'Enhanced self-image has been going on for centuries'

Two women take a selfie in Sefton Park, Liverpool on the first day of the easing of England's lockdo

Are we getting too used to seeing people through filters - Credit: PA Images

He looked so different from his virtual image a friend told me last week.

She wasn’t describing a first face-to-face date but her first in-person business meeting with someone she’d been zooming with for months.

It seems reality is now hitting us hard. We’ve all moaned about the endless back to back Zoom - and various other online platform - meetings (although I suspect there’s more than an element of one-upmanship going on here) and how we’ve all yearned to break free from the gallery windows where we’ve resided for so long. But I’m wondering if we’re not yet quite ready to press the flesh?

Shelley-Anne Salisbury

Shelley-Anne is wondering about seeing people in the flesh again - Credit: 1000words.co.za

Covid variants are, of course, a worry, but is the lack of the touch up appearance button and the soft lighting camera filter accessory also a terrifying prospect? It’s amazing how much better good lighting makes one look (and therefore feel) – just ask Gloria Swanson and Mr DeMille. Many of us (myself included) have become accustomed to seeing these wondrous effects on ourselves and others. The difference without them is stark and, quite frankly, unsettling. The idea of someone pinning your window is much less alarming when your close up is bathed in the rosy glow of a forgiving light. But we need to remember we are looking at a virtual image of ourselves and not the real thing.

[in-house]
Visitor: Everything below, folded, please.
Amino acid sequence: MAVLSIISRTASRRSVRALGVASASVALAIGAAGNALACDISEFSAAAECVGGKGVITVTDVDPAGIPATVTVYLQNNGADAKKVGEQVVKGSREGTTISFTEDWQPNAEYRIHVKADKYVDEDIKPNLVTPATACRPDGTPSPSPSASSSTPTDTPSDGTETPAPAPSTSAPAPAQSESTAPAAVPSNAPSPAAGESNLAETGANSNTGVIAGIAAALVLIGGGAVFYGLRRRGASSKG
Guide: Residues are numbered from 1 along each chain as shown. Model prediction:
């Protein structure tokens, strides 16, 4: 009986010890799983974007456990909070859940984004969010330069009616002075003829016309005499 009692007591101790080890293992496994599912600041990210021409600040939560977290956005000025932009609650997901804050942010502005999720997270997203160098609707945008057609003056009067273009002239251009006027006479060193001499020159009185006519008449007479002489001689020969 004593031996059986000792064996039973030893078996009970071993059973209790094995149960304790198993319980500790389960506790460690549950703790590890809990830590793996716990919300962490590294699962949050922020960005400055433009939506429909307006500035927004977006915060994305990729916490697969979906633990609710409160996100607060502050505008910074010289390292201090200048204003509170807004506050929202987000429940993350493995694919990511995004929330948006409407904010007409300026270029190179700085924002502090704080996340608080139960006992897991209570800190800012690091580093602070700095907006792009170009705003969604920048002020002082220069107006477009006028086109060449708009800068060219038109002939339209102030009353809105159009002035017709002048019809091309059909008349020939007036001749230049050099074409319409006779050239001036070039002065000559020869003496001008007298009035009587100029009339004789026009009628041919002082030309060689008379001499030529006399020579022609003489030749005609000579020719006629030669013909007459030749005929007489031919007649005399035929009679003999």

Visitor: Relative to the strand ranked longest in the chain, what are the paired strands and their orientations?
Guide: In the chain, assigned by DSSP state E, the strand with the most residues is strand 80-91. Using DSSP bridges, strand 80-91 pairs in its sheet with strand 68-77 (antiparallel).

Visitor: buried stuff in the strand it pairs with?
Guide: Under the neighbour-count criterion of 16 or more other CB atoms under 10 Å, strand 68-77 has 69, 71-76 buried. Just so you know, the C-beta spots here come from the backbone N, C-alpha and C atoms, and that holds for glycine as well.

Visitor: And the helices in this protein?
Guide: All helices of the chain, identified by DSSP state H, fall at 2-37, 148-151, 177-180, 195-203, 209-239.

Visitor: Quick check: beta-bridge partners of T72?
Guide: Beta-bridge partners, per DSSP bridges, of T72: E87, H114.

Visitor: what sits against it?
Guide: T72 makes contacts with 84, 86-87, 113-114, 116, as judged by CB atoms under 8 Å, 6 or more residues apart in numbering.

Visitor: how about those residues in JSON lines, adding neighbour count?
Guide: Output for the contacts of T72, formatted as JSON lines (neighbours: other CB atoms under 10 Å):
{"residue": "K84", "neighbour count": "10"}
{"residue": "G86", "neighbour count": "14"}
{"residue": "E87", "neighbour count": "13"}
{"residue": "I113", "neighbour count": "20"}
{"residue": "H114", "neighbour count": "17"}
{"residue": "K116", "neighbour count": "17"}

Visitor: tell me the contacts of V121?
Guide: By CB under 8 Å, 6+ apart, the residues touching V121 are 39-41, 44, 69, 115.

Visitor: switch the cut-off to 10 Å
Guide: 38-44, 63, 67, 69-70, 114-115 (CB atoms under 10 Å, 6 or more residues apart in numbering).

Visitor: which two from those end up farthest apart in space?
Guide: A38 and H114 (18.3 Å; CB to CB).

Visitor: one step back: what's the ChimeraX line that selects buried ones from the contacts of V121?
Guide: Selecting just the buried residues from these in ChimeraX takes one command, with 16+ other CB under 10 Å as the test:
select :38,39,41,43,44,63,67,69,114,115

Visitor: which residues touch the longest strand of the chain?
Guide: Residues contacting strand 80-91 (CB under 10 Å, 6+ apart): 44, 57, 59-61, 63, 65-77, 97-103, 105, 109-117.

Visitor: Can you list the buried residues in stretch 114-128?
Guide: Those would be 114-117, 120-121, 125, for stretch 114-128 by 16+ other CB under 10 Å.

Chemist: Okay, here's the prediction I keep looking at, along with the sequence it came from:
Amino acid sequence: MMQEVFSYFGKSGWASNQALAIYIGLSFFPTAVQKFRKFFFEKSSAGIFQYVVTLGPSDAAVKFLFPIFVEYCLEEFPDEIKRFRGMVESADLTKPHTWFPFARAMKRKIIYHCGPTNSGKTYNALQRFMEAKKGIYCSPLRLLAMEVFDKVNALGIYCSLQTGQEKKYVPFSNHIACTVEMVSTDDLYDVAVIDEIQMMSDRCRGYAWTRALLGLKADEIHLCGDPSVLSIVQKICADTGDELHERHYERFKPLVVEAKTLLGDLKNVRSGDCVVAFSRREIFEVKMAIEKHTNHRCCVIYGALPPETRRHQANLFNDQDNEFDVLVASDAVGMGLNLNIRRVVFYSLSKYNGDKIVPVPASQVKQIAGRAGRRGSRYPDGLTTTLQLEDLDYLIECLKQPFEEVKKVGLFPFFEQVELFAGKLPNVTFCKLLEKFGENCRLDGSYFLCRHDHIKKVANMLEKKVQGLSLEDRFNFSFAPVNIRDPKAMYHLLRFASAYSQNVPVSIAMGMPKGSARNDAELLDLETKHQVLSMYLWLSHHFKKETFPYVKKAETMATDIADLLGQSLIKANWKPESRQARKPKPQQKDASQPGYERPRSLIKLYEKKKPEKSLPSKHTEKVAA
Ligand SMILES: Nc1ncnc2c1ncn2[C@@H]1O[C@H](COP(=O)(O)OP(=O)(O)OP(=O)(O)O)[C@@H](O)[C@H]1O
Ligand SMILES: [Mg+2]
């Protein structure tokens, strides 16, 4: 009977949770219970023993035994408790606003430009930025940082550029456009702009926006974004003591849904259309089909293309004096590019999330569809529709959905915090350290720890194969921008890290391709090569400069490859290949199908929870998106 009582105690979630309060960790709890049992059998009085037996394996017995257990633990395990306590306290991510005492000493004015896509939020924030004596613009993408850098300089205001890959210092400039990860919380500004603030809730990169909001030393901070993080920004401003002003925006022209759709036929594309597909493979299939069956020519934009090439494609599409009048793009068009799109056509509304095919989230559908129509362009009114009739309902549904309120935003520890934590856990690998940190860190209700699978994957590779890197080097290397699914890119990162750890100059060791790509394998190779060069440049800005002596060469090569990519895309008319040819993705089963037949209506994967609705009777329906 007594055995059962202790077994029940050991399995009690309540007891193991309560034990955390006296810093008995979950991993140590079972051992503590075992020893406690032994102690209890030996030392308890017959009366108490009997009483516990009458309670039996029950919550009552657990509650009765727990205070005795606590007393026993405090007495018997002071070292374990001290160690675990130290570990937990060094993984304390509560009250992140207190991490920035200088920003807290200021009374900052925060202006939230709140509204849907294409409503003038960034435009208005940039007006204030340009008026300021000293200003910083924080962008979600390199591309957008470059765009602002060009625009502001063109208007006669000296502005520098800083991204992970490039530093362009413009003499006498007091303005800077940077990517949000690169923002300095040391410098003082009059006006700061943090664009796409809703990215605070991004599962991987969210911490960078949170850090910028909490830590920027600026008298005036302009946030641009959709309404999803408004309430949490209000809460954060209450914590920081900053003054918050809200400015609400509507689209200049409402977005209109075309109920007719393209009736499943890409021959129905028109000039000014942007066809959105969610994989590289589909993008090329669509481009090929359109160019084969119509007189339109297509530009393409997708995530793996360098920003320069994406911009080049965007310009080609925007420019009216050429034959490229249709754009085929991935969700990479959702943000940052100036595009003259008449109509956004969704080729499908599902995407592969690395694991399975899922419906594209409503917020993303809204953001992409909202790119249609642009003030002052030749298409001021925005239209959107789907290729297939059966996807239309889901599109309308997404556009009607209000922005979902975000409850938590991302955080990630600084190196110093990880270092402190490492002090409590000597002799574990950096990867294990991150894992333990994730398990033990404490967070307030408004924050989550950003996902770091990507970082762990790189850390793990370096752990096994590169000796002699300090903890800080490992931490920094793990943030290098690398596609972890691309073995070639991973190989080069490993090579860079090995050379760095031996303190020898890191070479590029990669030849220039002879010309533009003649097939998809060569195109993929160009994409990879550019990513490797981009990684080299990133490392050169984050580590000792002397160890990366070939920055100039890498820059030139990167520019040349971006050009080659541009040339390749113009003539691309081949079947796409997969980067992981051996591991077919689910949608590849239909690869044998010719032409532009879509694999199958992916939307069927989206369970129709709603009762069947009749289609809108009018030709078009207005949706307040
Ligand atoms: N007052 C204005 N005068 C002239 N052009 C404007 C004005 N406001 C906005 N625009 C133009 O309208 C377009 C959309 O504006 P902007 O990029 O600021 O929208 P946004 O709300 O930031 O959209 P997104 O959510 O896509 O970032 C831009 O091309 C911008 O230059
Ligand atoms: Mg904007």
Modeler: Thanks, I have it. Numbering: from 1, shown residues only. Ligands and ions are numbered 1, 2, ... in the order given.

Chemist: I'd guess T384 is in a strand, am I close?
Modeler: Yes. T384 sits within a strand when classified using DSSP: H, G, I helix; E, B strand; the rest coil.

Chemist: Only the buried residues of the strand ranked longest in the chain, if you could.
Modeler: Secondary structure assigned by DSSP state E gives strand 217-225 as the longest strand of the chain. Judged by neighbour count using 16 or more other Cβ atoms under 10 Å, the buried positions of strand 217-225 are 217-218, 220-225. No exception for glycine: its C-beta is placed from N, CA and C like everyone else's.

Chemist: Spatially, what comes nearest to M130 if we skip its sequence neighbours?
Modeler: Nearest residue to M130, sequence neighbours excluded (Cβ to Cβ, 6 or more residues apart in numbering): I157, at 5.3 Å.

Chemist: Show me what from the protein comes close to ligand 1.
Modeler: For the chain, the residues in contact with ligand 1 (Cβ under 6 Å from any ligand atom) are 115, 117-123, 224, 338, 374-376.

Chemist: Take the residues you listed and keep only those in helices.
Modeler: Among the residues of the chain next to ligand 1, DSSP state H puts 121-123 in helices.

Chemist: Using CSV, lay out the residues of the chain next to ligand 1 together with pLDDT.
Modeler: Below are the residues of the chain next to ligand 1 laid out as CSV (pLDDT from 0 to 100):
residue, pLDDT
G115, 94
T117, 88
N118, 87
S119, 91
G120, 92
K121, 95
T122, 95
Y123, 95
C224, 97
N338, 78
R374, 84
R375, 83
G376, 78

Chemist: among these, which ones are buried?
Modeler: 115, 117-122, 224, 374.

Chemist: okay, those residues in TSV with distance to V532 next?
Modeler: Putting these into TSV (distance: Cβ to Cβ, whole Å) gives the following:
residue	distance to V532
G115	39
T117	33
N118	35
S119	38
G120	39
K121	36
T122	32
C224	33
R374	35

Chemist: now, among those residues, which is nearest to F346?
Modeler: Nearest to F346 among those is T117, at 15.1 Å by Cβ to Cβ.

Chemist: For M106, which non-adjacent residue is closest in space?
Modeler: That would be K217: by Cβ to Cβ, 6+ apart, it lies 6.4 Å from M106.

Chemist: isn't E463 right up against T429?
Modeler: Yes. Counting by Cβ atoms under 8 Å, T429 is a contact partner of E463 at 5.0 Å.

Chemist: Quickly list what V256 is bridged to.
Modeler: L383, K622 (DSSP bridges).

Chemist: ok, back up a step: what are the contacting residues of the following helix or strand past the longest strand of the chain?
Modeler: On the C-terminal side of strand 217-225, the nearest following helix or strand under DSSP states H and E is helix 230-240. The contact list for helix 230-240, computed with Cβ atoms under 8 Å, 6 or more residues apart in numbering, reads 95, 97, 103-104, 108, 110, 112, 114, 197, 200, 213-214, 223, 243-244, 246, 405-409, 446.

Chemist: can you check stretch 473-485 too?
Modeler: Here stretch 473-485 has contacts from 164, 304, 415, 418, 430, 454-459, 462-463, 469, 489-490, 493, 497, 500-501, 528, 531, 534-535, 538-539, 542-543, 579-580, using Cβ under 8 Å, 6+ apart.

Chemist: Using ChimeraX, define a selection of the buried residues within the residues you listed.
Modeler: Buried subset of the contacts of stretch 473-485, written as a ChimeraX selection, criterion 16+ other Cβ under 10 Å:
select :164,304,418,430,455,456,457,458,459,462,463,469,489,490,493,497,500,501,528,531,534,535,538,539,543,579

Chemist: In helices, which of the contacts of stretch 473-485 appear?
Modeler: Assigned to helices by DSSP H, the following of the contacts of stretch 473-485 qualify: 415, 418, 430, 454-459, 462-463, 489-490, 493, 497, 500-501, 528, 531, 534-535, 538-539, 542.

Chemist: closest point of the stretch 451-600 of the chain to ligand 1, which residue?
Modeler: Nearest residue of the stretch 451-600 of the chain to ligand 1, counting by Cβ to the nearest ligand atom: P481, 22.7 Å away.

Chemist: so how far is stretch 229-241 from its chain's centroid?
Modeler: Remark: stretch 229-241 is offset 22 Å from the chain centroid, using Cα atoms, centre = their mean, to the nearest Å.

We can easily delude ourselves into believing this filtered image is our true representation, falling into a kind of Narcissus trap - until we finally meet in-person. Oh shock, horror. Of course, the enhanced self-image has been going on for centuries – just think of Holbein working his magic on the various Tudor royalty , the celebrity magazine touch ups and the enhancing selfie filters of the present day. A practice, once confined to certain societal demographics, has now become mainstream as a result of our enforced virtual communication.


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Should we take the lead from our government’s latest delay in lifting all restrictions and impose a few delays of our own? Just to be safe of course. After all, seeing is not always believing.

Shelley-Anne Salisbury is a mediator (themediationpod.net), writer and co-editor of Suburb News

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